You will see yourself coming eye-to-eye with the works of intuitive Ilonggo artist Marrz Capanang in an empty, silent, and almost still Gallery i, upon the conclusion of his second solo exhibit Pasisiring.
Standing in front of Pasisiring (En.Trance, 60 x 96 inches, mixed media), the main piece where the show is anchored, brings you on an eye-to-eye contact with the Carabao – the Philippines’ water buffalo. Synonymous with farmers and rural communities, Carabaos are fast becoming a rare sight on the countryside as the rural landscape steadily give way to land use conversions and from over-reaching urbanization.
The illustration of the Carabao’s eyes in Pasisiring allowed viewers to see two perspectives: the events that shape developmentsurrounding the existence of the Carabaos, on one hand, and a focus on its helplessness to defend itself from the realities that threaten its survival as absorbedand reflected in the eyes of huge animal, on the other.
The main piece brings viewers on the shoes of the artist and his affinity to farming as part of nature having a farmer grandfather. Capanang’s presentation linked the relationship of farmers to their carabaos by laying over the bigger role that they play in our society, food security, and survival as human beings.
Pasisiring, a Hiligaynon word for“entranced” can have multiple description and interpretations. Each of the art pieces could be a subject of a lengthy discussion between the artist and a writer, especially that each work represents the eye of a living creature – the carabao, pig, owl, tarsier, monitor lizard and eagle.
The entire set reminds viewers that the “eyes are the window to the soul.” What it describes is that the eyes donot only serve as a facility for seeing, but rather it also absorbs images and events, and retains all these in the memory. Hence, the work sparks the process of individual re-realization of the elements that allow one to live a life and its relationship with its surroundings, including the animals or other living creatures.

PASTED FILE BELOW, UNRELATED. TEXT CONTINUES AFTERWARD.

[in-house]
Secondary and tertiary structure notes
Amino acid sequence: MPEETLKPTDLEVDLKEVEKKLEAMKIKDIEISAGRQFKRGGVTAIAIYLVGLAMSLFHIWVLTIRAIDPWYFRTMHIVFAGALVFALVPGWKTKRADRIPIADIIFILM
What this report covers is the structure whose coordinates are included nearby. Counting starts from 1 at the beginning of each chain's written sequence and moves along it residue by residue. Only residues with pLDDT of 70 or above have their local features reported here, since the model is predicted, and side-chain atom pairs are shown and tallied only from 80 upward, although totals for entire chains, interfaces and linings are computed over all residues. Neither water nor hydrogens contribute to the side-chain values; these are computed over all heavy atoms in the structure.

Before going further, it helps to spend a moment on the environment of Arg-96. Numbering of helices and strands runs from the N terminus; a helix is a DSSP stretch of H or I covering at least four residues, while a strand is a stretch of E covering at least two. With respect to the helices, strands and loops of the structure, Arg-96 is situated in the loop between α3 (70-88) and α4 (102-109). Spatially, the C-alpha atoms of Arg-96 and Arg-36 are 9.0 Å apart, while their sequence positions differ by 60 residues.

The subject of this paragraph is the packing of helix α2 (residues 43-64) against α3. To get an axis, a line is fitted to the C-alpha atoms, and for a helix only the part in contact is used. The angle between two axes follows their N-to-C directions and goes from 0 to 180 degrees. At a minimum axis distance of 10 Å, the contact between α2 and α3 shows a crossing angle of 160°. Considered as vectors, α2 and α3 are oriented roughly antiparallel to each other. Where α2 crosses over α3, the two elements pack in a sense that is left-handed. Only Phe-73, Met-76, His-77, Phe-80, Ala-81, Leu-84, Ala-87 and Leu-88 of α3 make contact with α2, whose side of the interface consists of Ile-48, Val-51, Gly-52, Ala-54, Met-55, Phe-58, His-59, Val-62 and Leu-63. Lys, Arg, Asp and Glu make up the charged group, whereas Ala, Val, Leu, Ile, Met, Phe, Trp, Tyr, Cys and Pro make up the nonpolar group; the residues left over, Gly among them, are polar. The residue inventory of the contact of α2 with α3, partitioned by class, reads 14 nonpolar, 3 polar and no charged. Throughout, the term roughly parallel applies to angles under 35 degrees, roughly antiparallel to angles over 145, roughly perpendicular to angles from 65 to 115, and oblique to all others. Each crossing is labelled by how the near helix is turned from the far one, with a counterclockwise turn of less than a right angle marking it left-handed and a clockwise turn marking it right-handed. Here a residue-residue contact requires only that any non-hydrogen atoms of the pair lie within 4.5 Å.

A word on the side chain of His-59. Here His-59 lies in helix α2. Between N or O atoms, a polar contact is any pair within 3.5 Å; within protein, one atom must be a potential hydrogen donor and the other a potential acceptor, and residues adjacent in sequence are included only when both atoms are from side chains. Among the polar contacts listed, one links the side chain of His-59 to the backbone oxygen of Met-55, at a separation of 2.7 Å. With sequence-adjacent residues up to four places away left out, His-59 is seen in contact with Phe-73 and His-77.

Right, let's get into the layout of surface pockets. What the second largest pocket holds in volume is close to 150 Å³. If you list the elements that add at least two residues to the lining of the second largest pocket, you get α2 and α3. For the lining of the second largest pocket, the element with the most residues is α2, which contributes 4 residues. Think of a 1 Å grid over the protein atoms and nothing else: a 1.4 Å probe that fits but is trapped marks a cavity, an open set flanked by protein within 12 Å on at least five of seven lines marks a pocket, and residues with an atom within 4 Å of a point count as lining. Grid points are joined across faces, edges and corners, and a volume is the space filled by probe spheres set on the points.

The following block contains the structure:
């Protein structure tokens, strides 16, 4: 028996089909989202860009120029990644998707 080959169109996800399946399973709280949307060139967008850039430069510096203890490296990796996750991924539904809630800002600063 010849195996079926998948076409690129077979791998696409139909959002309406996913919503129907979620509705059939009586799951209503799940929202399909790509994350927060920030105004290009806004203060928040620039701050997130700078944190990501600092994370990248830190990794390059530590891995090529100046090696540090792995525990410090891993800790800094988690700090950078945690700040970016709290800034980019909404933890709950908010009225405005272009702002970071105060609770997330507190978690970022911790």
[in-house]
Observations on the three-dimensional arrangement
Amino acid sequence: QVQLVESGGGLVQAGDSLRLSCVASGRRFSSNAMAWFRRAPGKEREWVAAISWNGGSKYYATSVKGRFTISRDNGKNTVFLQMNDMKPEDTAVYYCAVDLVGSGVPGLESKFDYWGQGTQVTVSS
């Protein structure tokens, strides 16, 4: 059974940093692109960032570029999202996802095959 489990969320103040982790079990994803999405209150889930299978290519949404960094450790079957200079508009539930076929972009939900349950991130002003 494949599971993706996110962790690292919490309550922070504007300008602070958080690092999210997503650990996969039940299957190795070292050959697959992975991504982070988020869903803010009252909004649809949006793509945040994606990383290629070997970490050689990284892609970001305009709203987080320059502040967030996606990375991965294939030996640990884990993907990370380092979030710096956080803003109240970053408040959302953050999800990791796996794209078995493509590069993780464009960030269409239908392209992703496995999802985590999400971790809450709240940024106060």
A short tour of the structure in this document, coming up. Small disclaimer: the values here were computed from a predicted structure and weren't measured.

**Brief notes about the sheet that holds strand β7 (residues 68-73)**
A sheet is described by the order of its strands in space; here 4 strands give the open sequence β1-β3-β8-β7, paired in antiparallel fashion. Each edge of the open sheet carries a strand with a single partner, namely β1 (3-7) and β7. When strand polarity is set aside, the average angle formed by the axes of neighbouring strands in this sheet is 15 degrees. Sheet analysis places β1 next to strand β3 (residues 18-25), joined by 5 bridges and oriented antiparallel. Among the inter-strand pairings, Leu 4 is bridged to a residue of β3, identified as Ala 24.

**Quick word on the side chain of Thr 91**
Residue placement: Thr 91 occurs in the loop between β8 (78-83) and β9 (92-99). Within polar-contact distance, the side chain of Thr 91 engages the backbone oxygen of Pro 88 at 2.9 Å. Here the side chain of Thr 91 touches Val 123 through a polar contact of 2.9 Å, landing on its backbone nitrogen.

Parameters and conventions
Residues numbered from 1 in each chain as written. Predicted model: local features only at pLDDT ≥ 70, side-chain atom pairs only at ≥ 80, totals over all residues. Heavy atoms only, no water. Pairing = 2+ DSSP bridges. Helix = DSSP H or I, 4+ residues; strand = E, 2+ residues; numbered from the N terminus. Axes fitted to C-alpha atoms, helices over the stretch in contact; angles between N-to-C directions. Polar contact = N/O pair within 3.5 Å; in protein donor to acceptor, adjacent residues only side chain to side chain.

The theme and the set of Pasisiringmaterialized from Capanang’s direct interaction with his own two-year old pet dog he named Ulan (rain). In one of those playtime moments they shared, he was awestruck upon a glimpse at Ulan’s eyes describing it as “vibrant like having a world of their own.”
The experience by Capanang with Ulan became a recurring encounter that triggered him to store single eye-to-eye moments with different animal creatures and honor them through Pasisiring. The show is a manifestation of his different interaction with animals and which he embraced as advocacy against animal cruelty.
The intuitive Capanang
This is Capanang’s second solo exhibit yet the first in Iloilo. He first presented solo works at KulayDiwa Contemporary Art Gallery in Paranaque, Manila. But his works has been shown in numerous collaborative exhibits being a member of Himbon, a movement of Ilonggo contemporary artists.
He has a distinct style derived on the process he called as “pangut-angut,” an attempt for one idea or feeling to be connected to the other (connectivity or connectedness). His work could be shaped from ideas, feeling or thoughts that are both ephemeral and transcendental to the artist – “two beautiful essences where my art revolves,” expressed Capanang.
Ideas and concepts finds Capanang before a single drop of paint or oil ends up on canvas.
Almost always randomly, “ideas and concepts found me when I am aimless; when I am in the middle of an intense moment; or during dream state where vivid images are shaped,” expounded Capanang regarding his conceptualization process.
Sometimes ideas and concepts are just spinning on the artist’s head, slowly floating, and then waiting for the right moment to be revealed.
“I just know that I am at the right moment to make an art and I start to spill the paint and serendipitouslythe colors flow and collide and they find their own space on the canvas,” shared Capanang.